All day and night the twin bonfires had burned. At midnight, they had roared and leapt high as a man. Now as the ragged edge of dawn showed in the east the flames had slumped down into embers, but the air above them still shimmered with heat.
Merry and Pippin sat on the hillside sharing a blanket, the dewy grass cold between their toes. The constellations had faded into the paling sky; only the morning star lingered just above the serrated edge of the White Mountains. It had taken most of the night for the herds of Edoras - every horse, cow, and sheep - to pass between the needfires for luck. Now the animals had been driven back to their folds or turned out on to the open grassland for the summer, and the valley was nearly silent. The hobbits no longer had to shout over the low drone of cows and sheep, punctuated by the sharp high squeals of excited colts.
Most of the people were gone as well. The young Rohirrim who'd vied with each other to see how high they could leap over the sinking flames had long since paired off and vanished into the night. The mothers who had carefully passed their babes over the embers for luck had gone home carrying chunks of smouldering wood to rekindle their own hearthfires. A few were still dancing, the King of the Mark and his Queen among them. The violets and blue mountain columbines that starred Lothiriel's unbound hair were slipping out one by one to lie strewn on the grass behind her. Two or three giggling children darted among the dancers like sparks, brandishing red-dyed horsetails on tall poles.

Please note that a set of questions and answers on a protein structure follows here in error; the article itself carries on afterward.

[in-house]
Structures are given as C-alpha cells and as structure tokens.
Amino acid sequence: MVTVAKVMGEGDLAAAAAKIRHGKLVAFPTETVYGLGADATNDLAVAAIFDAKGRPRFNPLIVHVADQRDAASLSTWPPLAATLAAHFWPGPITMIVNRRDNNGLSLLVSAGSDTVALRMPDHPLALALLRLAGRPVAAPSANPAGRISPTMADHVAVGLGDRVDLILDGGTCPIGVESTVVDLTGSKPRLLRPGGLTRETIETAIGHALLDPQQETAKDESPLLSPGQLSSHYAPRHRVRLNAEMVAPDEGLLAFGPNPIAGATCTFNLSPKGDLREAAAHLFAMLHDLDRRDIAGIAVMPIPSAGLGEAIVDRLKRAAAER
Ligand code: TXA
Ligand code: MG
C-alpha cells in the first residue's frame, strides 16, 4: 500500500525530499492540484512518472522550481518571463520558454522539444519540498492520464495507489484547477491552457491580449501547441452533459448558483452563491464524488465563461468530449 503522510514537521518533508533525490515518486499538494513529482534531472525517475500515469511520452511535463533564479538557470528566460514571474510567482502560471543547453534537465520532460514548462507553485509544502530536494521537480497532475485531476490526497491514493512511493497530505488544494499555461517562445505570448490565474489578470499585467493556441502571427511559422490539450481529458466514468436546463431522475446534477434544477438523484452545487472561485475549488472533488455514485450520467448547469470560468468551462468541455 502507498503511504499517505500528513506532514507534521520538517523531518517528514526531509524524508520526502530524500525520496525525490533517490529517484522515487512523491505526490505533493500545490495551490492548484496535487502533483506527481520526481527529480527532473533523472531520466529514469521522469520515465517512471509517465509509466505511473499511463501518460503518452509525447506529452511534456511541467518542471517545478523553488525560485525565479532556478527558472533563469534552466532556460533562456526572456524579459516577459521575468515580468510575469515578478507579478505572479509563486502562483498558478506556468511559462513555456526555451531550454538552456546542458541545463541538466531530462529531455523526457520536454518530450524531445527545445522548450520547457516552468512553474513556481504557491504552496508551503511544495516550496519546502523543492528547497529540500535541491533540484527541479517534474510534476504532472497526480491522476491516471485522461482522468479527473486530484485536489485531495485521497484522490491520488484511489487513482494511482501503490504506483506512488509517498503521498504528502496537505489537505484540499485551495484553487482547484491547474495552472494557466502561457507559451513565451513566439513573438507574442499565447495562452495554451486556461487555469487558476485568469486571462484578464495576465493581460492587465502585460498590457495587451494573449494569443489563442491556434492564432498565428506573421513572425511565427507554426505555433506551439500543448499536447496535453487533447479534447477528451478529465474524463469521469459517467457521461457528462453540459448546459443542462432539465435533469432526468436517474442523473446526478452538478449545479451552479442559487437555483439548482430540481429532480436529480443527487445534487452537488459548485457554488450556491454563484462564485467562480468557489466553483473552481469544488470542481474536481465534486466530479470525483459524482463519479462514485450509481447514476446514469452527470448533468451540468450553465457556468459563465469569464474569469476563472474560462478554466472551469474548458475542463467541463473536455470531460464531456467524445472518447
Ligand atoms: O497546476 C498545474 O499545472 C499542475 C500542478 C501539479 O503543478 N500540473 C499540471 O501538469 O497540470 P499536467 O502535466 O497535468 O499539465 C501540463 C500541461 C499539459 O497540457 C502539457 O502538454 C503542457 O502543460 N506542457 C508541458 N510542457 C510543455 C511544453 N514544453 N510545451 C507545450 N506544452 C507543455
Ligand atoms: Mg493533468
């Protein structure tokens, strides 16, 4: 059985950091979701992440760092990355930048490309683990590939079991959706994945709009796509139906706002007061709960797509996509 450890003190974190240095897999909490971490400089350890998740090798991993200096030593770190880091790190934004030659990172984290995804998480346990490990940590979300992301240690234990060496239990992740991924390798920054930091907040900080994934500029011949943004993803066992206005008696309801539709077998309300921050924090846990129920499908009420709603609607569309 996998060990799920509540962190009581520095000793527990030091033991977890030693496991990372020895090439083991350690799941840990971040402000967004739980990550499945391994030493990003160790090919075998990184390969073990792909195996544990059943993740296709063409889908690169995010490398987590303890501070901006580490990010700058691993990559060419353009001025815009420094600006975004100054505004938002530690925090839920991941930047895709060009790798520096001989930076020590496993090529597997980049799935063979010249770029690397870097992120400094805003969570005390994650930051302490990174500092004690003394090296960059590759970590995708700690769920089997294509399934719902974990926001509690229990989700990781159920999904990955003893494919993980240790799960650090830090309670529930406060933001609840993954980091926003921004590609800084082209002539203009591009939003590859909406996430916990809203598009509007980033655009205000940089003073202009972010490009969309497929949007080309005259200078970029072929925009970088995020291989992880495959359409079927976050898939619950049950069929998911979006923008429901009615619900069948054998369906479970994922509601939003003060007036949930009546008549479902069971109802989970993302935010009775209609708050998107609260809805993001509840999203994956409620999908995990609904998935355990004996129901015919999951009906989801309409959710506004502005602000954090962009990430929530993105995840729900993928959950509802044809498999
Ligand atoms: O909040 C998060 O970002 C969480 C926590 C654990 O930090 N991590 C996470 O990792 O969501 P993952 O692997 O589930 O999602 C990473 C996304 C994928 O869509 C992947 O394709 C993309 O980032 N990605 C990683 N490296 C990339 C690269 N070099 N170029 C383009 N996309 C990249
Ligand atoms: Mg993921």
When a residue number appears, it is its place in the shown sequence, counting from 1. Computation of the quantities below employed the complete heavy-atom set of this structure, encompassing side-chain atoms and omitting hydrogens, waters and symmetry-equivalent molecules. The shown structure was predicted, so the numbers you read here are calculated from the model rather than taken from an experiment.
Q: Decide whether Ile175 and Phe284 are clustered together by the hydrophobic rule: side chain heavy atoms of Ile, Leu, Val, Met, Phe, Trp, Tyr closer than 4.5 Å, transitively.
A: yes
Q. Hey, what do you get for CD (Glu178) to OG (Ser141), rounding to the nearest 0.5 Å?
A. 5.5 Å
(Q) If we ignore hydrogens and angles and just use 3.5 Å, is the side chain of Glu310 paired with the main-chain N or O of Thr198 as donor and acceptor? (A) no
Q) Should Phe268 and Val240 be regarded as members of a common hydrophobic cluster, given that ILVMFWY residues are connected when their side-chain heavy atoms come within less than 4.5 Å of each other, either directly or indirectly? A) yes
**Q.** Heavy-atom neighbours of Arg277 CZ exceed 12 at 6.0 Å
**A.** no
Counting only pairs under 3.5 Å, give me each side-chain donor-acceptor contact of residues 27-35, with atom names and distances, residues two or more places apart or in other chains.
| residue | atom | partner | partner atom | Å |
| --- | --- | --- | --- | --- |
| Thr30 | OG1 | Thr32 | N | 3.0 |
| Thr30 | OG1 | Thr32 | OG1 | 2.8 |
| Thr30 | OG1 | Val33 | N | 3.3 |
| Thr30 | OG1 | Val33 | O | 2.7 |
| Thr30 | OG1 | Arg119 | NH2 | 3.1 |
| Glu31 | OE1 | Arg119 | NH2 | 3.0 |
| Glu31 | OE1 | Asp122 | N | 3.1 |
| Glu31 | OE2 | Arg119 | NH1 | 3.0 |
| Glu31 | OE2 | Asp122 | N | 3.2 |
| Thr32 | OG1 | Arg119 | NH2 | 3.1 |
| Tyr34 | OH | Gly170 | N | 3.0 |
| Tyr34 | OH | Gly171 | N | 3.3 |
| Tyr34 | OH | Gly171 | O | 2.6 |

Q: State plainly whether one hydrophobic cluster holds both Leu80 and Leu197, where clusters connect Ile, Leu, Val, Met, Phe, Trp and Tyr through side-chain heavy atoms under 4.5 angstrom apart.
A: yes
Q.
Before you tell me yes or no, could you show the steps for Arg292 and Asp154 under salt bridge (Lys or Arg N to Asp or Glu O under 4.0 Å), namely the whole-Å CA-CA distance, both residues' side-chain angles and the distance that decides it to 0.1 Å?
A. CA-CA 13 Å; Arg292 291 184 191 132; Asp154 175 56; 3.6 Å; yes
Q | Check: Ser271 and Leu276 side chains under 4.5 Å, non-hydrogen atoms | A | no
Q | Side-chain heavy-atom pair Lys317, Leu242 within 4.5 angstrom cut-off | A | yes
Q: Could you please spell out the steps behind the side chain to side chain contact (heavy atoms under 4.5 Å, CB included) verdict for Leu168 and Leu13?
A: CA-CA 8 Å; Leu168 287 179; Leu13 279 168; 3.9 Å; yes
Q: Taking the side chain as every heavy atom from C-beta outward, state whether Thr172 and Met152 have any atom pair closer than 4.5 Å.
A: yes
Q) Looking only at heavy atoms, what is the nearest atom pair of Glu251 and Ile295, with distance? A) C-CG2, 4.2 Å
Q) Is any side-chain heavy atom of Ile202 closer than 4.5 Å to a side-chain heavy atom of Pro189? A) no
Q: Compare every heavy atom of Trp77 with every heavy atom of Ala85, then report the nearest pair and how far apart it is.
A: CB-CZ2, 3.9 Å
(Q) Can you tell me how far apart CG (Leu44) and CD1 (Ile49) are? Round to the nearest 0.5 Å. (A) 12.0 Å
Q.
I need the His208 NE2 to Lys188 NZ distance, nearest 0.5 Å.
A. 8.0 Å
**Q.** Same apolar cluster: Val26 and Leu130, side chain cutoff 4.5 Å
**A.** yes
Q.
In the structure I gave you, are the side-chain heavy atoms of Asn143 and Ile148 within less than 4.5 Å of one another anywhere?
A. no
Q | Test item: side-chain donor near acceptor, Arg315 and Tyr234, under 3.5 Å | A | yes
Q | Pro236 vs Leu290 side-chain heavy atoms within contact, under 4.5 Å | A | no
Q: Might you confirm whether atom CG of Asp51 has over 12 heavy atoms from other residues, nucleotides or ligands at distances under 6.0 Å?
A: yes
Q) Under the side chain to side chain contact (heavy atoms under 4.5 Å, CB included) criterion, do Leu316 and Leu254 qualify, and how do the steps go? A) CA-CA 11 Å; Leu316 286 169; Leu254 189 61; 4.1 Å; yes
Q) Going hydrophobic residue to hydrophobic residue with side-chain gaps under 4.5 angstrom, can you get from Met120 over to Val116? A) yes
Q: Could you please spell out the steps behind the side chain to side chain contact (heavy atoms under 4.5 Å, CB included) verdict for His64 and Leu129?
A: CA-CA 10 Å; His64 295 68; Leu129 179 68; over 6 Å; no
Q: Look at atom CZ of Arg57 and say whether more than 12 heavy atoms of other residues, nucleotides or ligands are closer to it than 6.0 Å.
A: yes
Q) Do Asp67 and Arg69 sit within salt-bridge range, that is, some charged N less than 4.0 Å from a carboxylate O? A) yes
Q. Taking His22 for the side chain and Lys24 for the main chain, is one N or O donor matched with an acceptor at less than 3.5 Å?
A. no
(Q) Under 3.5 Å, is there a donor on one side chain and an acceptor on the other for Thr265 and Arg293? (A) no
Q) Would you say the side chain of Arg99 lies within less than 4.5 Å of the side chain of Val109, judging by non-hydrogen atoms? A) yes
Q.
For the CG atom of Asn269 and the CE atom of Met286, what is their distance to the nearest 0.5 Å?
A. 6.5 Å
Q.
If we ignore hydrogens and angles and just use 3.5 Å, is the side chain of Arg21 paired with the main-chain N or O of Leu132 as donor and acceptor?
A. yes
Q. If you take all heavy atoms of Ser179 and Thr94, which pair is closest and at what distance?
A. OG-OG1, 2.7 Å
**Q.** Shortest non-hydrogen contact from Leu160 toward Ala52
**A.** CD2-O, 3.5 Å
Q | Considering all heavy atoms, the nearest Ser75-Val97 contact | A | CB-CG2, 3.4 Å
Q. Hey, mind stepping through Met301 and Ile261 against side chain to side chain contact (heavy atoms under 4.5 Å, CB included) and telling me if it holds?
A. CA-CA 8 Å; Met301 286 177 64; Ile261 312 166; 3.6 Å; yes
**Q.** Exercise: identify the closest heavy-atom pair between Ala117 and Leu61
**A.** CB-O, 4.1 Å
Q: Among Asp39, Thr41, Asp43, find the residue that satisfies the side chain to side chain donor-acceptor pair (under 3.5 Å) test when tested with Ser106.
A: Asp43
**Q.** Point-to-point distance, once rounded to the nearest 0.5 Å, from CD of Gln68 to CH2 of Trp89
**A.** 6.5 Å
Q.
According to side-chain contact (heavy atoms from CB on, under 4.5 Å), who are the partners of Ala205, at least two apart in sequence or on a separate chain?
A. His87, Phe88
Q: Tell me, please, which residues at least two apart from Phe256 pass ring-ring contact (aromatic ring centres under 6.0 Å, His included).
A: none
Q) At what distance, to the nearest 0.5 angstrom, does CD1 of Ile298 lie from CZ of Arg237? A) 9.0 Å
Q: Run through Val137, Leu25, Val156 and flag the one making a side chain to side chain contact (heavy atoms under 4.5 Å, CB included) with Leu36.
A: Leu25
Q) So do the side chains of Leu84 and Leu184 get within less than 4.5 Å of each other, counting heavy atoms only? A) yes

Pippin yawned. "I can't believe they started those huge fires with only a bow-drill. What's wrong with flint and steel, anyways?"
Merry shrugged. "All Eomer would say is that it's 'how things are done' for this festival. If Eowyn were here we might get a plain answer."
"It's an impressive sight, all those animals passing between the fires," Pippin said. "Perhaps we should do the same to mark the season at home."
Merry laughed. "There aren't so many herds in the whole Shire. A few cows and ponies and a flock or two of sheep wouldn't have the same effect."
"Do you think the fires are low enough for us to have a go now?" Pippin asked.
"Ah, you could jump farther than that if you had to. Remember Moria?" Merry teased. Pippin cuffed his ear lightly, Merry pushed back. In the course of the playful scuffle turned shoving match that followed, the hobbits tumbled the rest of the way down the hillside. At the bottom, tousled and grinning, they got to their feet and stretched muscles stiff with chill.
Merry brushed dirt and grass off his breeches and eyed the charred logs, glowing cherry-red. "Ready, Pippin?"
"Good luck, Meriadoc Brandybuck; may you be blessed with increase, as Eomer says." Pippin winked.
"The same to you, Peregrine Took," Merry said. "A Thain needs a large family, you know."
"One, two, three--"
Clasping hands, the hobbits jumped together. Sparks scattered in the light of sunrise.